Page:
BEIRUT: The coronavirus-induced lockdown has not only forced local educational institutions to resort to innovative methods to persevere with their programs, but also non-profit organizations that consider promoting education for vulnerable communities as one of their objectives, such as the non-profit Anera.
As of the beginning of April, and in partnership with UNICEF, Anera launched 11 online pilot classes in different areas of Lebanon, using Google Class as its teaching platform.
The organization, which has helped refugees and others hurt by conflicts in the Middle East since 1968, distributed tablets and laptops to 110 students and the nine participating tutors in Lebanon.
Accompanying Anera and UNICEF’s joint efforts, Thaki, a social impact non-profit association that empowers refugee and vulnerable communities, donated all the electronic tools being used in the e-learning program.
“Now, more than ever, a spotlight is shining on the role of e-learning and digital literacy,” Thaki’s founder and president Rudayna Abdo told Annahar, adding that this highlights the importance of their work as the vulnerable populations they serve are “threatened with increased marginalization and isolation.”
In addition to training the teachers on how to efficiently use the equipment and the online platform, Anera provided both them and the students with internet cards to ensure access to the internet.
As one of the teachers, Palestinian English Literature graduate and a social worker at Women’s Programs Association Fatima Cannan told Annahar, “the positive aspect and importance of this project is that it is truly a chance for students and tutors to excel at utilizing the internet for educational purposes, especially during the COVID-19 lockdown.”
The students, who come from Lebanese, Syrian, and Palestinian backgrounds, are underprivileged youth who were forced to drop out of school in pursuit of work, due to their financial conditions.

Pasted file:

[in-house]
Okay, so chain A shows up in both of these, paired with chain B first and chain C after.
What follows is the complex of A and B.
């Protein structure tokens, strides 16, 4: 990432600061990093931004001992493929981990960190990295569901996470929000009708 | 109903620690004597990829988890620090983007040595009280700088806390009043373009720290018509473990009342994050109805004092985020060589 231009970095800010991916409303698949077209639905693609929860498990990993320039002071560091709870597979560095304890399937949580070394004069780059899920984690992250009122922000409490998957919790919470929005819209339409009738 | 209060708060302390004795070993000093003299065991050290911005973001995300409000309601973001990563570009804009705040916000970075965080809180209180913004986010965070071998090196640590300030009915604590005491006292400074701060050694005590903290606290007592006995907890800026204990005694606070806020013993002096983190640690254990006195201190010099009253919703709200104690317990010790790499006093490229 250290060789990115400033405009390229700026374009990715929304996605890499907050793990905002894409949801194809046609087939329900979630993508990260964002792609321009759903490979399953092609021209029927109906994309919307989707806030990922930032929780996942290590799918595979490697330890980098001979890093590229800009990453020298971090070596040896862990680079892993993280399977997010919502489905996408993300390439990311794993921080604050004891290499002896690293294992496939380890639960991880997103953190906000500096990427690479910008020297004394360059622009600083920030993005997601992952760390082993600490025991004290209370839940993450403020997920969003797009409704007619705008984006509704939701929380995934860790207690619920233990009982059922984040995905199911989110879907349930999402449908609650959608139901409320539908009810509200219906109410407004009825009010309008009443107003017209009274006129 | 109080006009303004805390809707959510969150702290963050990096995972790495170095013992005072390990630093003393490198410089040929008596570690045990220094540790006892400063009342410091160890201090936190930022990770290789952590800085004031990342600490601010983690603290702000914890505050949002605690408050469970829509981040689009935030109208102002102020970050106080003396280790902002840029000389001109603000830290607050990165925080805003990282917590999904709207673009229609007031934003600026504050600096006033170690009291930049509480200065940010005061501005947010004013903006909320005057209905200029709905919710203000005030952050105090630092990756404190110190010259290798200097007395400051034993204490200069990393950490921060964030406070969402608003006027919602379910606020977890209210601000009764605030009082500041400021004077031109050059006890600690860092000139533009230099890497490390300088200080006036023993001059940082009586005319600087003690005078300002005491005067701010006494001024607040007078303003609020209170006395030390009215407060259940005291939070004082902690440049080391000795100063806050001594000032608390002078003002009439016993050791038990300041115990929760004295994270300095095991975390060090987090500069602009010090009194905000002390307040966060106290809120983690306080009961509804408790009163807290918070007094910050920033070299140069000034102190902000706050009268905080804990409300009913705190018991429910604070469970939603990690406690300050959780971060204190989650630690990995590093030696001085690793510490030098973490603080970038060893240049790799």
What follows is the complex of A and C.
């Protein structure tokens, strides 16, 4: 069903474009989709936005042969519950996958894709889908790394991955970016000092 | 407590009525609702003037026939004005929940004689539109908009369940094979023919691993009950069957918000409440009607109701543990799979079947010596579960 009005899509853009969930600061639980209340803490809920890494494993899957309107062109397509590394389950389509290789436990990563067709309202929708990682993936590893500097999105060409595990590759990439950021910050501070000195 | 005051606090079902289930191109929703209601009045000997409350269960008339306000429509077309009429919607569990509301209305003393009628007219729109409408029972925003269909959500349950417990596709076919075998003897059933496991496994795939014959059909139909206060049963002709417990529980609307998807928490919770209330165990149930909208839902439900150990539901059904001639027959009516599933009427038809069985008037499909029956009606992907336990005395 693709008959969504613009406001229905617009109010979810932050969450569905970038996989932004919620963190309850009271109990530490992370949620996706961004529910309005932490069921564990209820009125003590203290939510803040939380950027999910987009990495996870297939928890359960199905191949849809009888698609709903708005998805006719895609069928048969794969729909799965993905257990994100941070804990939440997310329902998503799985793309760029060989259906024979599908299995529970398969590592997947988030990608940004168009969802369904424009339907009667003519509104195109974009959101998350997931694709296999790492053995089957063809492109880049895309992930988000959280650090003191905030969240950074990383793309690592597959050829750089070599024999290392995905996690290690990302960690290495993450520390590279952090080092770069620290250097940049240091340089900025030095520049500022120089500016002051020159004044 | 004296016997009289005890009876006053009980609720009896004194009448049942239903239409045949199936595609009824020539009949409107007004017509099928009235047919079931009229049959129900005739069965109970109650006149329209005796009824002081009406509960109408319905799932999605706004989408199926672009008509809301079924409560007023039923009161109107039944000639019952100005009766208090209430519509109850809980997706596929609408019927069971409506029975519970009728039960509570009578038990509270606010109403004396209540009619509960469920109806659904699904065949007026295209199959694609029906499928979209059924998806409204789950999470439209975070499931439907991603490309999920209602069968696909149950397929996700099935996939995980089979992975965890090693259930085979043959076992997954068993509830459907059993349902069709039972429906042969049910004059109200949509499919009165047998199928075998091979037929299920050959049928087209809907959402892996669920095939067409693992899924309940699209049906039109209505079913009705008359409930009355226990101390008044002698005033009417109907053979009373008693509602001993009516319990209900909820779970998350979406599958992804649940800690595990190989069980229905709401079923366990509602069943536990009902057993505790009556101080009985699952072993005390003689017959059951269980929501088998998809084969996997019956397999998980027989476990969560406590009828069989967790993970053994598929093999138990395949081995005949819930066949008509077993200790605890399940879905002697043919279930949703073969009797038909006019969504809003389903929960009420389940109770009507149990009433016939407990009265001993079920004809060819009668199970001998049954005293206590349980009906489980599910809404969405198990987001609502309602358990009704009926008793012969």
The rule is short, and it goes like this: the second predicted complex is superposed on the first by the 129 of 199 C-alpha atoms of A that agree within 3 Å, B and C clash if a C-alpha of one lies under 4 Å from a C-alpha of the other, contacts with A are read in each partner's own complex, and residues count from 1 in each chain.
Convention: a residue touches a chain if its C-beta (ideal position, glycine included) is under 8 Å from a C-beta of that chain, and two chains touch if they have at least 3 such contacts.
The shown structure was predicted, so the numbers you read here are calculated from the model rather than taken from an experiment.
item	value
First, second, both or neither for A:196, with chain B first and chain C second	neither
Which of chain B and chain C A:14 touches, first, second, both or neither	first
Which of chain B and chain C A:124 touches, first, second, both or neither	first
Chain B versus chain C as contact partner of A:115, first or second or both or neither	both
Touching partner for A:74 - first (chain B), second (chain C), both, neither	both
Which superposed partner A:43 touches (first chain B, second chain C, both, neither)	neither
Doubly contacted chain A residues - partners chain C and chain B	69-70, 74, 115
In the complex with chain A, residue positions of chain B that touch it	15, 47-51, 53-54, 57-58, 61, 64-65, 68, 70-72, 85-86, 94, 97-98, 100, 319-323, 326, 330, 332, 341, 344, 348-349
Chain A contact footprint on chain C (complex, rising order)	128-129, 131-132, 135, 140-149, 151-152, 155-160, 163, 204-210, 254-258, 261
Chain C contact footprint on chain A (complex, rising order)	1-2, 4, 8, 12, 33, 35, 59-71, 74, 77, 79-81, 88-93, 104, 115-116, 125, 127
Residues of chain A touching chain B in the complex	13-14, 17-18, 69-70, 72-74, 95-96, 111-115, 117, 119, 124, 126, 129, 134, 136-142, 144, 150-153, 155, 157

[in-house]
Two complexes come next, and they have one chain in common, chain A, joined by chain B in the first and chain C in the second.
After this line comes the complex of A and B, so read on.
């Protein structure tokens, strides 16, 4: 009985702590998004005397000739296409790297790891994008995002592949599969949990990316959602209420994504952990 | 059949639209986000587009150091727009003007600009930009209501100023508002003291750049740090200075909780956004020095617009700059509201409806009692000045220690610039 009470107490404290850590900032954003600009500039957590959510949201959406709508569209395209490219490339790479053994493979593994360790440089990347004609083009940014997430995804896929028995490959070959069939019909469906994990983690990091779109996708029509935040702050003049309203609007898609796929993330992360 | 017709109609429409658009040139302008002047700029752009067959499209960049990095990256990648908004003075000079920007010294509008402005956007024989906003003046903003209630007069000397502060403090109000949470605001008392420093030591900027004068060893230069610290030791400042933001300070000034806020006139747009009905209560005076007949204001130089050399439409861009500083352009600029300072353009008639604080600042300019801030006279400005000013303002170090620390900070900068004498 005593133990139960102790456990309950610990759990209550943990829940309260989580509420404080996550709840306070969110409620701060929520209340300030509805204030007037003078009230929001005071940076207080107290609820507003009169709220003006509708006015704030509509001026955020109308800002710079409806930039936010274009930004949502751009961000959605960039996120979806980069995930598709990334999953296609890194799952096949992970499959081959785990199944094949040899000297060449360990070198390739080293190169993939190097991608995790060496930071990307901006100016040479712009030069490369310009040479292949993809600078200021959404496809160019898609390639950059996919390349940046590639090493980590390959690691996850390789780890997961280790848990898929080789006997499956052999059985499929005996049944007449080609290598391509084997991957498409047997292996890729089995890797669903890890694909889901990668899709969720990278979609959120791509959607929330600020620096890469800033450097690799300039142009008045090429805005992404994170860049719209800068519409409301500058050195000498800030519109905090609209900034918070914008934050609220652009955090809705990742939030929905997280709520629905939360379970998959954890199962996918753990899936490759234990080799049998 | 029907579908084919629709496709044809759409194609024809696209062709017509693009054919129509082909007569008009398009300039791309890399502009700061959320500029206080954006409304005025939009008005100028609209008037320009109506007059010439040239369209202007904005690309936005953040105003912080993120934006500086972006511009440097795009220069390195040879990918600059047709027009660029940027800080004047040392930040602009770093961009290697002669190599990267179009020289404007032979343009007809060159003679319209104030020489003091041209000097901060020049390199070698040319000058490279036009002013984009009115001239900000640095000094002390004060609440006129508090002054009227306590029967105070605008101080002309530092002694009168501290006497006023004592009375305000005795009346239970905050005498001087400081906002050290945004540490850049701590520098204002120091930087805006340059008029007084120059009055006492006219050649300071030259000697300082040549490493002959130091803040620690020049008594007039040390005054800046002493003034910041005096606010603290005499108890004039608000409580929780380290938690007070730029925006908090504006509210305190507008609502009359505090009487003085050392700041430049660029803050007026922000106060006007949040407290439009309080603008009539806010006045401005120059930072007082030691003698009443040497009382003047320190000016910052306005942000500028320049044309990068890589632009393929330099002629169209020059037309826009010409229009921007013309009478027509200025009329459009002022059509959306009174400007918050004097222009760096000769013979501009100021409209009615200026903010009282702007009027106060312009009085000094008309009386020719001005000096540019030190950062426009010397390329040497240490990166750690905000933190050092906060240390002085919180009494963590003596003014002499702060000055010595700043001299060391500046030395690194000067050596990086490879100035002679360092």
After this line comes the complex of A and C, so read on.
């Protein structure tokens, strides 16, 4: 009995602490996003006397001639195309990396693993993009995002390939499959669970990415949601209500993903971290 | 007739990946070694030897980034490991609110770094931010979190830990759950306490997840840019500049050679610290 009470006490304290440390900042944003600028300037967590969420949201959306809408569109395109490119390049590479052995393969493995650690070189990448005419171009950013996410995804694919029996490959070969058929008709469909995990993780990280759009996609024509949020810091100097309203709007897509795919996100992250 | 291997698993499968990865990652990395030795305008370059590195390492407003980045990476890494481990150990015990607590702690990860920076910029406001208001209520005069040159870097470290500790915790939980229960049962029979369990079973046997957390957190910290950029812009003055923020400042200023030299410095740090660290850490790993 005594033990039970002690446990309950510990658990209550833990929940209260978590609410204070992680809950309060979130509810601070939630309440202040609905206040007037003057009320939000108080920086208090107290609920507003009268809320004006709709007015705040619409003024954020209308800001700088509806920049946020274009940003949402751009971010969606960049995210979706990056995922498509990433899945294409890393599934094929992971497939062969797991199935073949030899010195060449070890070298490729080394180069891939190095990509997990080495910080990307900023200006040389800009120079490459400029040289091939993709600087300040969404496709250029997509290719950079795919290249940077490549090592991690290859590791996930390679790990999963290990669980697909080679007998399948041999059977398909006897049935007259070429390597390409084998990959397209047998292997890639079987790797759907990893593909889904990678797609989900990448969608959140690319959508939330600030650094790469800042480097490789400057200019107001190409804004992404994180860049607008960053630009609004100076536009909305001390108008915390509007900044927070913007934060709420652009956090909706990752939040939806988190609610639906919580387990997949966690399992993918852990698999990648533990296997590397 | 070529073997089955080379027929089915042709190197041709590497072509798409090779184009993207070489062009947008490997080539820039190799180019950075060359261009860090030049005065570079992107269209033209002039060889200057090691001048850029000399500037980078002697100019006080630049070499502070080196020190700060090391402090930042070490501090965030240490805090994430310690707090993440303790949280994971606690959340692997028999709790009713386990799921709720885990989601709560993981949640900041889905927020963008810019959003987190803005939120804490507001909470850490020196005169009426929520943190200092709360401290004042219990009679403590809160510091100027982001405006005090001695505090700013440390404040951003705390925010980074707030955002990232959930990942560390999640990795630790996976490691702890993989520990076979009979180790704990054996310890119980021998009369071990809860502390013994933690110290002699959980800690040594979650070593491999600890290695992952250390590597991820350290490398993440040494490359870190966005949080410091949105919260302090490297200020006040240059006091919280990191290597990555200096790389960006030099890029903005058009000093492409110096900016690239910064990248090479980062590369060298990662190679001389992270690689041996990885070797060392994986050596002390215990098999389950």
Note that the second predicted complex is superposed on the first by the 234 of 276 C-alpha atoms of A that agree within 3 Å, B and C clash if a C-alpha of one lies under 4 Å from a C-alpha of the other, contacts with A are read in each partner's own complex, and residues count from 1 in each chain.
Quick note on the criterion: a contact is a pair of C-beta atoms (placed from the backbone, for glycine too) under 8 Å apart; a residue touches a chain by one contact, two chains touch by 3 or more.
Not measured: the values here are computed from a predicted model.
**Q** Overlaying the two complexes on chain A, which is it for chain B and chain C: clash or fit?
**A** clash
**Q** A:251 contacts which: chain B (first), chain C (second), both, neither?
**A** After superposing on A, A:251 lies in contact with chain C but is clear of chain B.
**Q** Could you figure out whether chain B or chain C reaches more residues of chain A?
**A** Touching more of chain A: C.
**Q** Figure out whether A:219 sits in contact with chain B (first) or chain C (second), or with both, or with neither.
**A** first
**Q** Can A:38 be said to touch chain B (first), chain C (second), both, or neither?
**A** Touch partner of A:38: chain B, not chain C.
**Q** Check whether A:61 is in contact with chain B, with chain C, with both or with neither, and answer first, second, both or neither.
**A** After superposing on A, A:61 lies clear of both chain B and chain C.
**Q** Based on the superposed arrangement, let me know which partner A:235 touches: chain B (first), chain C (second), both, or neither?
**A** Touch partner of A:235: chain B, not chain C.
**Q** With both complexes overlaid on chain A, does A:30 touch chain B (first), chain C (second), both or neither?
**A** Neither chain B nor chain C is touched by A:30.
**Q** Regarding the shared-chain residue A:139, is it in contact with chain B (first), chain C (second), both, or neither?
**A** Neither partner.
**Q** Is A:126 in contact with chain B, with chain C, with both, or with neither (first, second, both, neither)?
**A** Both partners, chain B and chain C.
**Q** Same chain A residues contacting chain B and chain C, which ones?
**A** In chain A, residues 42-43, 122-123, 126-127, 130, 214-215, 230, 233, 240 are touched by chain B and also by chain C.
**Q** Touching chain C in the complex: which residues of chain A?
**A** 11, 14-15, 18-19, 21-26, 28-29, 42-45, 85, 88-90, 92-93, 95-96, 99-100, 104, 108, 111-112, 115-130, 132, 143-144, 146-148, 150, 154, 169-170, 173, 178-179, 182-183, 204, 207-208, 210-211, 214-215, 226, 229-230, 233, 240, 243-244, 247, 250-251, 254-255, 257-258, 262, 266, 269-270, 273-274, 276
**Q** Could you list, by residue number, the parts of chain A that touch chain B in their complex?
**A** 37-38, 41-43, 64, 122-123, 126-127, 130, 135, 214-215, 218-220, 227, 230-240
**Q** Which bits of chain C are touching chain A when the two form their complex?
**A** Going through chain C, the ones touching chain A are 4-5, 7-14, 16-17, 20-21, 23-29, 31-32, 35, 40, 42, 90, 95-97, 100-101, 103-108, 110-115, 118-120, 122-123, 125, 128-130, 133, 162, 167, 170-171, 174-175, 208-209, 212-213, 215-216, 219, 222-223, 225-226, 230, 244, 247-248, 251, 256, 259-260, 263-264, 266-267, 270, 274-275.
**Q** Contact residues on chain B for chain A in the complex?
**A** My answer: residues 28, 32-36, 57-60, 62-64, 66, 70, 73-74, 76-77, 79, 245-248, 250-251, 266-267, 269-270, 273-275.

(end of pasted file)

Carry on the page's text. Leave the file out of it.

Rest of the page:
“Being part of a classroom becomes a crucial space for youth to interact, exchange their experiences, and help lessen the burden of lockdown isolation,” Leen Ataya, Anera Lebanon’s education program manager, told Annahar.
Exemplifying Ataya’s statement, the students enrolled in the e-learning courses, shared their enthusiasm with Annahar for partaking in the online program.
Palestinian student Nagham Abdul-Salam Zaid said that she has “already gained so much new information and improved her English,” despite having recently started learning online.
Lebanese student Mahmoud Zohbi expressed how the virus situation halted his “Elderly Care” vocational course and on-the-job training with Anera, but “for now,” he said, “I am finally learning English through the online course with Anera.”
Adding to her previous statement, Ataya described Anera’s English online courses pilot as “not just an academic experience for youth, but a beacon of light amidst this very dark period our dear Lebanon is going through.”
According to Anera’s country director Samar El Yassir, the organization, along with its vetted and trusted partners, is working closely on this project, which will be upscaled to “reach thousands of youth around Lebanon, with a focus on women and girls who are victims of gender-based violence.”
This decision has been reached upon evaluation and success of the e-learning project for the vulnerable communities they serve, given they observed more than 90% regular attendance.
Anera, which has no political or religious affiliation, works on the ground with partners in the West Bank, Gaza, Lebanon, and Jordan, mobilizing resources for immediate emergency relief and sustainable, long-term health, education, and economic development.
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